Once you’re ready to start interviewing for fulltime jobs in your new career the most important thing to remember – that many older workers are accused of doing — is not to sound rigid or unapproachable. Many older workers often portray a ‘this is how it’s always been done and I know more than you because I’m twice your age.’ As you might guess that kind of attitude doesn’t really go over well. Be positive – and showcase your creativity and flexibility.
You can find lots of other great tips strategies and advice for older workers in this section of Quintessential Careers: Job and Career Resources for Mature and Older Job-Seekers.
|Q:||Will writes: I have a whole lot of experience but not a tremendous amount of in any one area. How could I narrow down my choices so I know what kind of job to pursue? Also what would be the best way to lay out my resume?|
|A:|| The Career Doctor responds: There’s good news and bad news here. As employers continue to downsize and have employees multitask by combining job functions there is certainly a need for job-seekers who have multiple talents and abilities. On the other hand job-seekers without a specific focus will rarely ever get a second look from employers.
So as you mention your task is to find a way to parlay your years of varied job experiences into some cohesive strategy that plays itself out on your resume. You don’t want to be seen as someone who does not know what you want to do or one who gets easily bored.
What is it you want to do next? If you truly have no clue take the time to conduct some self-assessment. First spend some time reviewing all your experiences (work hobby etc.) and make two lists – one with activities you enjoy and one with activities you never want to do again. You could also consider taking one or more assessment tests many of which you can find online.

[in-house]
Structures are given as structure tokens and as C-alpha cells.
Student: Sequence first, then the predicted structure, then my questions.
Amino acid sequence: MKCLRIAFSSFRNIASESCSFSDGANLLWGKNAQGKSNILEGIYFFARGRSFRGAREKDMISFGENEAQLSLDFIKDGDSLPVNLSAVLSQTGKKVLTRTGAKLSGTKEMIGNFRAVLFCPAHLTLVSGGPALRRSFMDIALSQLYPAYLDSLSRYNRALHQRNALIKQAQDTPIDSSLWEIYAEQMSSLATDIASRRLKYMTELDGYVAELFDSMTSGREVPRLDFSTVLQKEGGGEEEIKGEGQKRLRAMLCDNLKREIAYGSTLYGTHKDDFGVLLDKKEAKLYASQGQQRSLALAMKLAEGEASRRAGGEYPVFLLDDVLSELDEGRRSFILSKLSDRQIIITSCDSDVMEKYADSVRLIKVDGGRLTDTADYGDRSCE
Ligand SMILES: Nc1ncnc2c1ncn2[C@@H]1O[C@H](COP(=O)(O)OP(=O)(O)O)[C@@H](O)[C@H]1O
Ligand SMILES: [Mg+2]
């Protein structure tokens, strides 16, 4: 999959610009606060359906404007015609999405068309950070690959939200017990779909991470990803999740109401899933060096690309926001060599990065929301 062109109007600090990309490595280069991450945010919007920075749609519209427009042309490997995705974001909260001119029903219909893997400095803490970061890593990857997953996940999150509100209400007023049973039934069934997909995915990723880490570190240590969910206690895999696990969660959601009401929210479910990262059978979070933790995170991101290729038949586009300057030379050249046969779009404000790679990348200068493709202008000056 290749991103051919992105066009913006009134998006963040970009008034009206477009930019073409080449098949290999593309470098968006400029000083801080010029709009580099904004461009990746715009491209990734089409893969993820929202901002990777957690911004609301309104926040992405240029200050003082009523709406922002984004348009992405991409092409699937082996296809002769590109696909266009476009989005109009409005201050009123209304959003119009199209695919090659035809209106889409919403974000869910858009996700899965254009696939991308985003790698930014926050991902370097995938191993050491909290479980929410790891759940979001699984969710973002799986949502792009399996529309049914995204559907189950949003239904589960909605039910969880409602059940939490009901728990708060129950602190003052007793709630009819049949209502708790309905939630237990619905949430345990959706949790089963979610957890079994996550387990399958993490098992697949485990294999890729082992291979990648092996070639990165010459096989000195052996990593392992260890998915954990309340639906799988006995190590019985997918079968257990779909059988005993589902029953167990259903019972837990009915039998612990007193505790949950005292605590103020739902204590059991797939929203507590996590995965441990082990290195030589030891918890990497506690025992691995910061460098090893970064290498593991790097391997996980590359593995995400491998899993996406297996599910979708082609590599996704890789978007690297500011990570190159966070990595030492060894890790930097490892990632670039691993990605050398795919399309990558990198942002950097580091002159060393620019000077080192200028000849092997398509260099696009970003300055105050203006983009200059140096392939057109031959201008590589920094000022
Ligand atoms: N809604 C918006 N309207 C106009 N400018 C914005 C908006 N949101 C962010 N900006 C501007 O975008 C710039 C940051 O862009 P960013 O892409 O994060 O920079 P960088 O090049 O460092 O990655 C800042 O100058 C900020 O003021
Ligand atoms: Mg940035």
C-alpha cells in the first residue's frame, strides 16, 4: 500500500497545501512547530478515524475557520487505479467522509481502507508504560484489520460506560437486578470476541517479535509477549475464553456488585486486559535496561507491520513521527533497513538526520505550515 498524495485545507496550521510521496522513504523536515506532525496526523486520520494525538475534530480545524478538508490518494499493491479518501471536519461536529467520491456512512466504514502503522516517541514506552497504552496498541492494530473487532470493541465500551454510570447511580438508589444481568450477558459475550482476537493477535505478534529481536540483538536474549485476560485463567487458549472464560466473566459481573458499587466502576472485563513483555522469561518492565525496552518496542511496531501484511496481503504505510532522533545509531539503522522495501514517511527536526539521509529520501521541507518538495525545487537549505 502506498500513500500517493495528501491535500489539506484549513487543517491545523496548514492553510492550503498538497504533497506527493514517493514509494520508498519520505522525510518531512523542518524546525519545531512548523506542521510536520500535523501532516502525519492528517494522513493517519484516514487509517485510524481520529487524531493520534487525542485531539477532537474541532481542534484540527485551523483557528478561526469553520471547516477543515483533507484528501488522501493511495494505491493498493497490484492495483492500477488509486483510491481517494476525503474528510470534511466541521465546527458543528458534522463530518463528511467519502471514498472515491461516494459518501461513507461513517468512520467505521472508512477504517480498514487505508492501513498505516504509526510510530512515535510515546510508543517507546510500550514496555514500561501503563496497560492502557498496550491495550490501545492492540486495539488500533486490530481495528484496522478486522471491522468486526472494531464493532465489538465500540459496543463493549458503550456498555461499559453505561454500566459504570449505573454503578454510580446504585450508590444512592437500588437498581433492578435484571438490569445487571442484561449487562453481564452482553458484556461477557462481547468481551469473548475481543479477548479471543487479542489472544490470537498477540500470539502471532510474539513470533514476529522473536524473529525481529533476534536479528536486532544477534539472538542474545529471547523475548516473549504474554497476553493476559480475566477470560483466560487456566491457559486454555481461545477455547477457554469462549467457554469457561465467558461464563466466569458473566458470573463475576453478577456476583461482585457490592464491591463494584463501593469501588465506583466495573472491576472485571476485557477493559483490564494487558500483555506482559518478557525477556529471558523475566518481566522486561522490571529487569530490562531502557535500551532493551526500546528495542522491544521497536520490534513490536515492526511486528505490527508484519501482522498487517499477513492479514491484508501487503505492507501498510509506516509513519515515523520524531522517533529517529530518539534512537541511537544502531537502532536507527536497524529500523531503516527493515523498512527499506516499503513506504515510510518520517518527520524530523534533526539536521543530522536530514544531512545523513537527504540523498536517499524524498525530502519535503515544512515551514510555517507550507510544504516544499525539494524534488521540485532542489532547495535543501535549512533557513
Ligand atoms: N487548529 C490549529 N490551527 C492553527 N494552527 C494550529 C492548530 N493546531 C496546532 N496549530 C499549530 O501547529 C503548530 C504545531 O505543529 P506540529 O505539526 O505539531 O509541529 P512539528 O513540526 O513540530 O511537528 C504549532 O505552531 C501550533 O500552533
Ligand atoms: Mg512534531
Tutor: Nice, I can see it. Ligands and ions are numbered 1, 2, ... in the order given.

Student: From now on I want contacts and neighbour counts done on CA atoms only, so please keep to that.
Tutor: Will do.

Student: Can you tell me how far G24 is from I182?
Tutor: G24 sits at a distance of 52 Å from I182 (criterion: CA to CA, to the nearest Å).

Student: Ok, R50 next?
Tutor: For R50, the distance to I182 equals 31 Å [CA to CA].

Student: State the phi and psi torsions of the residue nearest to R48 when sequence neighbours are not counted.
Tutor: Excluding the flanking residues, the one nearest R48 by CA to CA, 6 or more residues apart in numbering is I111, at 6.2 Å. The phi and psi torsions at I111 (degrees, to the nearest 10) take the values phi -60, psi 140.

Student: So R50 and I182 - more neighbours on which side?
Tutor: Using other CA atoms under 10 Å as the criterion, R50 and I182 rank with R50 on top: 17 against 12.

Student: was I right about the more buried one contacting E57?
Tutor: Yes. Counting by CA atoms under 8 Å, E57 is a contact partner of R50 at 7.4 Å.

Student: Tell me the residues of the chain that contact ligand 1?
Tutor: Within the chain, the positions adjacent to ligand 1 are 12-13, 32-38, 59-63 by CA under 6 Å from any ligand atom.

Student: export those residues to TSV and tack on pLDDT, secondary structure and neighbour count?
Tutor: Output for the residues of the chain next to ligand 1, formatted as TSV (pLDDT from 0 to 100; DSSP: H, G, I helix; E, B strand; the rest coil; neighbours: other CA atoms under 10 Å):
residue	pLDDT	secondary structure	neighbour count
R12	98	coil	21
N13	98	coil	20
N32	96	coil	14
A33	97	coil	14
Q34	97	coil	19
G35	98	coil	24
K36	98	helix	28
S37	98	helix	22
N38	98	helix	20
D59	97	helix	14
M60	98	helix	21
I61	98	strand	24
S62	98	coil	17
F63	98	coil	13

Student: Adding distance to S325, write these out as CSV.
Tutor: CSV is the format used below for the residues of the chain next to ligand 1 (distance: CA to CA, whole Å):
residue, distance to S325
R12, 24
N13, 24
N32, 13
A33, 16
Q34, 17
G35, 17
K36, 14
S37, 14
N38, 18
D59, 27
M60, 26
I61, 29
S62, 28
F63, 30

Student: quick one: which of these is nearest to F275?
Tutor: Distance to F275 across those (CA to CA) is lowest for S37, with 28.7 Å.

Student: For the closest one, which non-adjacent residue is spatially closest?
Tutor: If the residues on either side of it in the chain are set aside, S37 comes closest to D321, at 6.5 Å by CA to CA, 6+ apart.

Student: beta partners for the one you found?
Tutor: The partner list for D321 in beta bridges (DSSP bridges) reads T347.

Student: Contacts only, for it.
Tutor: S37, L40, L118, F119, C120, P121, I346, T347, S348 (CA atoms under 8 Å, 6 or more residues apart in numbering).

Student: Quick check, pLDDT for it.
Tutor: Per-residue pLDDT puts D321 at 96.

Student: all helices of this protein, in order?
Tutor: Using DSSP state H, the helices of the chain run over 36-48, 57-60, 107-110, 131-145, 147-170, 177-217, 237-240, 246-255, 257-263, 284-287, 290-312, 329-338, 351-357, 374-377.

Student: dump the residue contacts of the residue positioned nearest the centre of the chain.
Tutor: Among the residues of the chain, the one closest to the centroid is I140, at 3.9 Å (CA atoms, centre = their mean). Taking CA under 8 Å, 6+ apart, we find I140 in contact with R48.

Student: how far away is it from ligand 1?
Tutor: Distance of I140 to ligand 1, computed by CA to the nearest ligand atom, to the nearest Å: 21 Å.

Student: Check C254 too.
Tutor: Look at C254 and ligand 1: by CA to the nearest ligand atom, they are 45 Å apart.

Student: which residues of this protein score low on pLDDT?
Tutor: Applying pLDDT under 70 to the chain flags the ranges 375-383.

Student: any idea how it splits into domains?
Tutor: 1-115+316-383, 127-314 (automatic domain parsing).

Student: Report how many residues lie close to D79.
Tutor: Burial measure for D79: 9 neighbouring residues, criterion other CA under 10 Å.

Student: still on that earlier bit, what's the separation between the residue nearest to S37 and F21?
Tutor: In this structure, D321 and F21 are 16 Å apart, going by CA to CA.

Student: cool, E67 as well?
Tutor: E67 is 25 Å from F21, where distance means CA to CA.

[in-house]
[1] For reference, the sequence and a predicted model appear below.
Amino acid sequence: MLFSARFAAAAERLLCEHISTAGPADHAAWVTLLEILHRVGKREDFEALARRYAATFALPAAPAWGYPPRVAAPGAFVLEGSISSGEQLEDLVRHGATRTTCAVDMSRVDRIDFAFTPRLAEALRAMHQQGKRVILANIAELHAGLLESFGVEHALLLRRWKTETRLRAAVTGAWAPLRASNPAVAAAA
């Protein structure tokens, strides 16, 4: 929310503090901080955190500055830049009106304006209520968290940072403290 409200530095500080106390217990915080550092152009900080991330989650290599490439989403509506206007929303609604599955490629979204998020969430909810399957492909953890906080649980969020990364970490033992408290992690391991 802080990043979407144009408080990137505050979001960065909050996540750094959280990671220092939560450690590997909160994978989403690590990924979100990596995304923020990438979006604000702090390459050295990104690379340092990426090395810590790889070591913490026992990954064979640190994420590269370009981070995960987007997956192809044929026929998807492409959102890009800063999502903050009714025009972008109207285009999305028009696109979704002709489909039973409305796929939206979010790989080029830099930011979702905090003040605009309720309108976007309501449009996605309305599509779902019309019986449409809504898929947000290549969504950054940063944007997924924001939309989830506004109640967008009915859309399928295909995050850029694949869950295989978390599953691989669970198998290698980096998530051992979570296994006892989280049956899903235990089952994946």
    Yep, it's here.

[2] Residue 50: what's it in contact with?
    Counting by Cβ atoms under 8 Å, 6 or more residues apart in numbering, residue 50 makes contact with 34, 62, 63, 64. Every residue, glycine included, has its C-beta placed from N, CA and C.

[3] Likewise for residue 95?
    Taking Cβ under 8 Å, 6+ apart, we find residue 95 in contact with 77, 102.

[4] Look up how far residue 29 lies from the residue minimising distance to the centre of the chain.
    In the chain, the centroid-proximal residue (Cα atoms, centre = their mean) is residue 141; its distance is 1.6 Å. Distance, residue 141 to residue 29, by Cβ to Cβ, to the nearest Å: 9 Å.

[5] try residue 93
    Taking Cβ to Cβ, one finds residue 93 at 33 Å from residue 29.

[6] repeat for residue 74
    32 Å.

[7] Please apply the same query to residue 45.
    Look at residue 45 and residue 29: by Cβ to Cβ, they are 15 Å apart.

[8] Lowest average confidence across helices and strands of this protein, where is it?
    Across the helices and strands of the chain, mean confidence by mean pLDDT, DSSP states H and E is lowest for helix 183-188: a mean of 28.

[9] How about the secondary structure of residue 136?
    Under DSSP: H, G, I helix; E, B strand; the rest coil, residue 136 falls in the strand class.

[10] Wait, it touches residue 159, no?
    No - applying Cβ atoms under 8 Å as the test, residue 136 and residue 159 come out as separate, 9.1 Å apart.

Once you have a better picture of your likes and interests the next step is researching careers that closely match your profile. Take the time to do this important career exploration. There are a lot of online and print resources that can help you in this process. My favorite is the U.S. Department of Labor’s Occupational Outlook Handbook.
Once you’ve identified a career path (or paths) the next step is finding employers in that field – and developing a strategy for breaking into it. In any job market but especially in this job market your key to success is building a new network for your new career. Find and join professional organizations in your new career field use alumni networks to find people in your new career field.
Use the Career Exploration Resources section of Quintessential Careers to help you.
And learn more about networking in the The Art of Networking section of Quintessential Careers.
And all sorts of great resume-writing tools can be found in the Resume Resources section of Quintessential Careers.
|Q:||Anonymous writes: Here is the situation. I’m a former police officer who was recently (wrongly) convicted of a white collar crime. (I’m still pissed about that.) Anyway I have a two year degree in business and have had about 3 years of previous restaurant management experience before becoming an officer and about 3 years in the radio industry. First question how do I answer this question on an application and secondly I really don’t know which way I can turn career wise from this point.|
|A:|| The Career Doctor responds: Well of course you don’t need to broadcast that you have a record; however if asked you not only need to come clean but you need to adjust your attitude. What’s the punch line to the joke — something like 80 percent of people incarcerated in prison are innocent (or so they say). Employers are often willing to work with someone who appears to have learned from a past mistake but are very leery of job-seekers who seem to have learned nothing from the experience. And even if you are one of the few innocent people convicted unjustly no employer wants to hear it.
Once you’re ready to face the issue discover the lesson you learned so that you can have a positive spin on the conviction if and when it arises during the job application/interview process. Just remember to not raise the issue unless asked about it. But never lie about it smooth it over or argue the conviction.
As for your career and where you go’that’s the next thing you need to figure out. You obviously have a lot of valuable skills and experience and should be able to package that nicely in a resume once you determine your career direction. Follow the strategies for researching careers that I mentioned in my previous answer.